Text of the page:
On a more positive note, I would like to share an example of how technical issues with a Facebook contest could have derailed a credit union, but didn't. Advantis Credit Union recently hosted an iPad giveaway on Facebook. Immediately after a promotional email was sent out, Facebook experienced API issues, and users couldn't enter to contest. They were frustrated and posting on the company's wall. Thanks to timely monitoring, Advantis identified and addressed the problem, keeping users informed about what was happening. In the end, the fans appreciated the proactive outreach and felt better about the brand.
Even if a majority of brands foster a "socially appropriate" philosophy and have visible, customized social media profiles, they typically fall short when developing a unique voice. With the adoption of social management platforms, low-wage internal talent, or overpaid external agencies aggressively marketing social media prowess, companies are falling prey to the path of least resistance and creating robotic, useless, annoying content that alienates constituents. Below are a few of the most common offenses by brands in terms of voice:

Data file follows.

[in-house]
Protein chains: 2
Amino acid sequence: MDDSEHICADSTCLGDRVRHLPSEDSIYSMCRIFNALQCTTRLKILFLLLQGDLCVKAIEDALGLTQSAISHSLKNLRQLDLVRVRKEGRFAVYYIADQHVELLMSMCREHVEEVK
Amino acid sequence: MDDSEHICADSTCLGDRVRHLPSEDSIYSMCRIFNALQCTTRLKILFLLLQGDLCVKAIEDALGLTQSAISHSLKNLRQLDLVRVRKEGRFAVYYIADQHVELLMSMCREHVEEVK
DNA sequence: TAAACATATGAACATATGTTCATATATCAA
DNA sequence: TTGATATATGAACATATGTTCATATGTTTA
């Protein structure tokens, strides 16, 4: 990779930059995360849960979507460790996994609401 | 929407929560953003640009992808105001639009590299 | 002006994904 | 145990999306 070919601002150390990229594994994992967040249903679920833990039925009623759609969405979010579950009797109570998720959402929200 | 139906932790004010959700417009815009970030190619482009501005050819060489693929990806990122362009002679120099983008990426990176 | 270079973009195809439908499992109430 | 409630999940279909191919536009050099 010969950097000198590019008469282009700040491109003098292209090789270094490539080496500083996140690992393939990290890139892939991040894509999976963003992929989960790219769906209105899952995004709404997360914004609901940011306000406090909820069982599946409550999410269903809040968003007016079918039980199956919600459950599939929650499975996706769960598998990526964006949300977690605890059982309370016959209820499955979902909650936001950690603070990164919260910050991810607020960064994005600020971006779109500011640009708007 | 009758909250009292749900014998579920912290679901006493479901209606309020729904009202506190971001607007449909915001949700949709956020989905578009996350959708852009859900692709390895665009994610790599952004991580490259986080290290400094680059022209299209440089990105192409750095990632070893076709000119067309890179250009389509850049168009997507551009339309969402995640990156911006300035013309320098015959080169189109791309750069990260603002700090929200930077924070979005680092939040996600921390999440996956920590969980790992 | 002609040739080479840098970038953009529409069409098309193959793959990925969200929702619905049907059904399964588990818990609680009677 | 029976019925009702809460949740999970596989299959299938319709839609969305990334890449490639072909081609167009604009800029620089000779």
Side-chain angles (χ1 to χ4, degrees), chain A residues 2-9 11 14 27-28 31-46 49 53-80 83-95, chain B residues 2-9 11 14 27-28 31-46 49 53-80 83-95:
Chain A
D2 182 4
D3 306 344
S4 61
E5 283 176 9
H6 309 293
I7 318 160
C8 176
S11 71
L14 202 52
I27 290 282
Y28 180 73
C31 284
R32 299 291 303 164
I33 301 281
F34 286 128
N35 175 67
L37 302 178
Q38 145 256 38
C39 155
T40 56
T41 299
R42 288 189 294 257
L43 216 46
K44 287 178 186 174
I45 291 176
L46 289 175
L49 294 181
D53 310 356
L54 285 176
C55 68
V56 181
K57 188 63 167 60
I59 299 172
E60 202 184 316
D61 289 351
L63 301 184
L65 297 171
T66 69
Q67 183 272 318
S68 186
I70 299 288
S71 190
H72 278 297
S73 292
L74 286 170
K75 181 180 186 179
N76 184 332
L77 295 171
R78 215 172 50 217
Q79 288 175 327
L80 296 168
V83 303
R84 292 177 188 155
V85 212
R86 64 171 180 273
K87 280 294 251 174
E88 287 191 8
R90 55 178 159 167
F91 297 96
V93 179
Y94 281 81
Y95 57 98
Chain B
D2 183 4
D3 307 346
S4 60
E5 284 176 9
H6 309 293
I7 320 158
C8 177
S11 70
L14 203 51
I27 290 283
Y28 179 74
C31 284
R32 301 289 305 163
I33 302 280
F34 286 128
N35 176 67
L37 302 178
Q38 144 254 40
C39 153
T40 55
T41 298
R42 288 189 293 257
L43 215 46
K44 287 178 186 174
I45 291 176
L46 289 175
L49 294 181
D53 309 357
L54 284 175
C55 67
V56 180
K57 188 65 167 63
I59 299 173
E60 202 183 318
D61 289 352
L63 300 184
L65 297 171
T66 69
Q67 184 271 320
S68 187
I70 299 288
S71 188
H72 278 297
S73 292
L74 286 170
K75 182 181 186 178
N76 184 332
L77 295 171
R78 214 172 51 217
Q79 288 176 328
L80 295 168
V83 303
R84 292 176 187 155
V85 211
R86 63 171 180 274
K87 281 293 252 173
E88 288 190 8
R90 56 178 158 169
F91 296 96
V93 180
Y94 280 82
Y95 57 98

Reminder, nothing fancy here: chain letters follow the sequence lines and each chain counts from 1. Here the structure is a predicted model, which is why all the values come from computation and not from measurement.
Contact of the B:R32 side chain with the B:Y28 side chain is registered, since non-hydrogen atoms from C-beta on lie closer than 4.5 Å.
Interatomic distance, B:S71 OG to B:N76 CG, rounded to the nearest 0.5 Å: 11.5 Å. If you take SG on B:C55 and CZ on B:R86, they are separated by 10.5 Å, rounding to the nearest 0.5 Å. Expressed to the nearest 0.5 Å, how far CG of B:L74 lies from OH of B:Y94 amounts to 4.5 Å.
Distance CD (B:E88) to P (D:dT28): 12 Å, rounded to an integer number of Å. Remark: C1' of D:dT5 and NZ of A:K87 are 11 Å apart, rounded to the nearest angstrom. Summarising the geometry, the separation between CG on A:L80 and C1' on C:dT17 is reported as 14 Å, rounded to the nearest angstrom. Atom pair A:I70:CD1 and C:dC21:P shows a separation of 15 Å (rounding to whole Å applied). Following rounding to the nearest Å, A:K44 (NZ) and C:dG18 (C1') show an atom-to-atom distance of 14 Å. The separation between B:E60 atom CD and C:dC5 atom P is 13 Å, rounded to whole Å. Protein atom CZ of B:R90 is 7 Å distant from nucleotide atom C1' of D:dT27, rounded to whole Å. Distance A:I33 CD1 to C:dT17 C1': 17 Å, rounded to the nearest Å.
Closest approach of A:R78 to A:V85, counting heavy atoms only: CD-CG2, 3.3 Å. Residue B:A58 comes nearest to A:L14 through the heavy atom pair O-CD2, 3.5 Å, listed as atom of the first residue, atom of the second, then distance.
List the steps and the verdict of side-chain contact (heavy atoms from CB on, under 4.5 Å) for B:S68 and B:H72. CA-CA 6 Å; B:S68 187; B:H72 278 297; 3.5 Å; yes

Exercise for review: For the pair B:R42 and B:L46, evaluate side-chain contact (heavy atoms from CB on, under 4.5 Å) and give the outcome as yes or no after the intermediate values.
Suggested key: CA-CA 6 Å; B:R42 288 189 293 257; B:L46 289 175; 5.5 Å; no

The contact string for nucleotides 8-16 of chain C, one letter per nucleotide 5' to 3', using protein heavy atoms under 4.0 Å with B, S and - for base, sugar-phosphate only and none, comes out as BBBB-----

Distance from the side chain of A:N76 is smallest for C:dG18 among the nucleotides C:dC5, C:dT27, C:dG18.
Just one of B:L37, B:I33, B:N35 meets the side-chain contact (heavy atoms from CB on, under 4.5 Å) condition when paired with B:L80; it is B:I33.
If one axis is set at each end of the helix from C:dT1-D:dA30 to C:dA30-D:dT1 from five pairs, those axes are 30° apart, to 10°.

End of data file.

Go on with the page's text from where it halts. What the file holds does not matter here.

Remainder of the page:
- Using robots (automation), outsourced team (lack of understanding of brand, products, and services) or interns (lack of understanding of social media in a business context) to create content
- Not creating or maintaining a consistent voice (with multiple contributors, this can be an issue)
- Cross-posting the same content to multiple profiles regularly (over-syndication)
- Adopting a defensive, inauthentic, irreverent, or insensitive tone
A little disclosure regarding my feelings about outsourcing social media (to any non-full-time employees): Don't do it. Read my blog on the subject, "5 Reasons for Brands not to Outsource Social Media Marketing," for more clarity regarding the potential dangers. A perfect example of why not to outsource (and there are many), read about the Chrysler F-bomb incident.
There is hope, however. Many brands are taking the correct approach to managing and identifying profile contributors. One example is The Nature Conservancy, which identifies the six primary contributors to its Twitter account. This is particularly powerful when profiles are customer-service focused, as tech support team members at Cox Communications of Arizona are doing by signing each tweet so everyone knows which individual support person responded.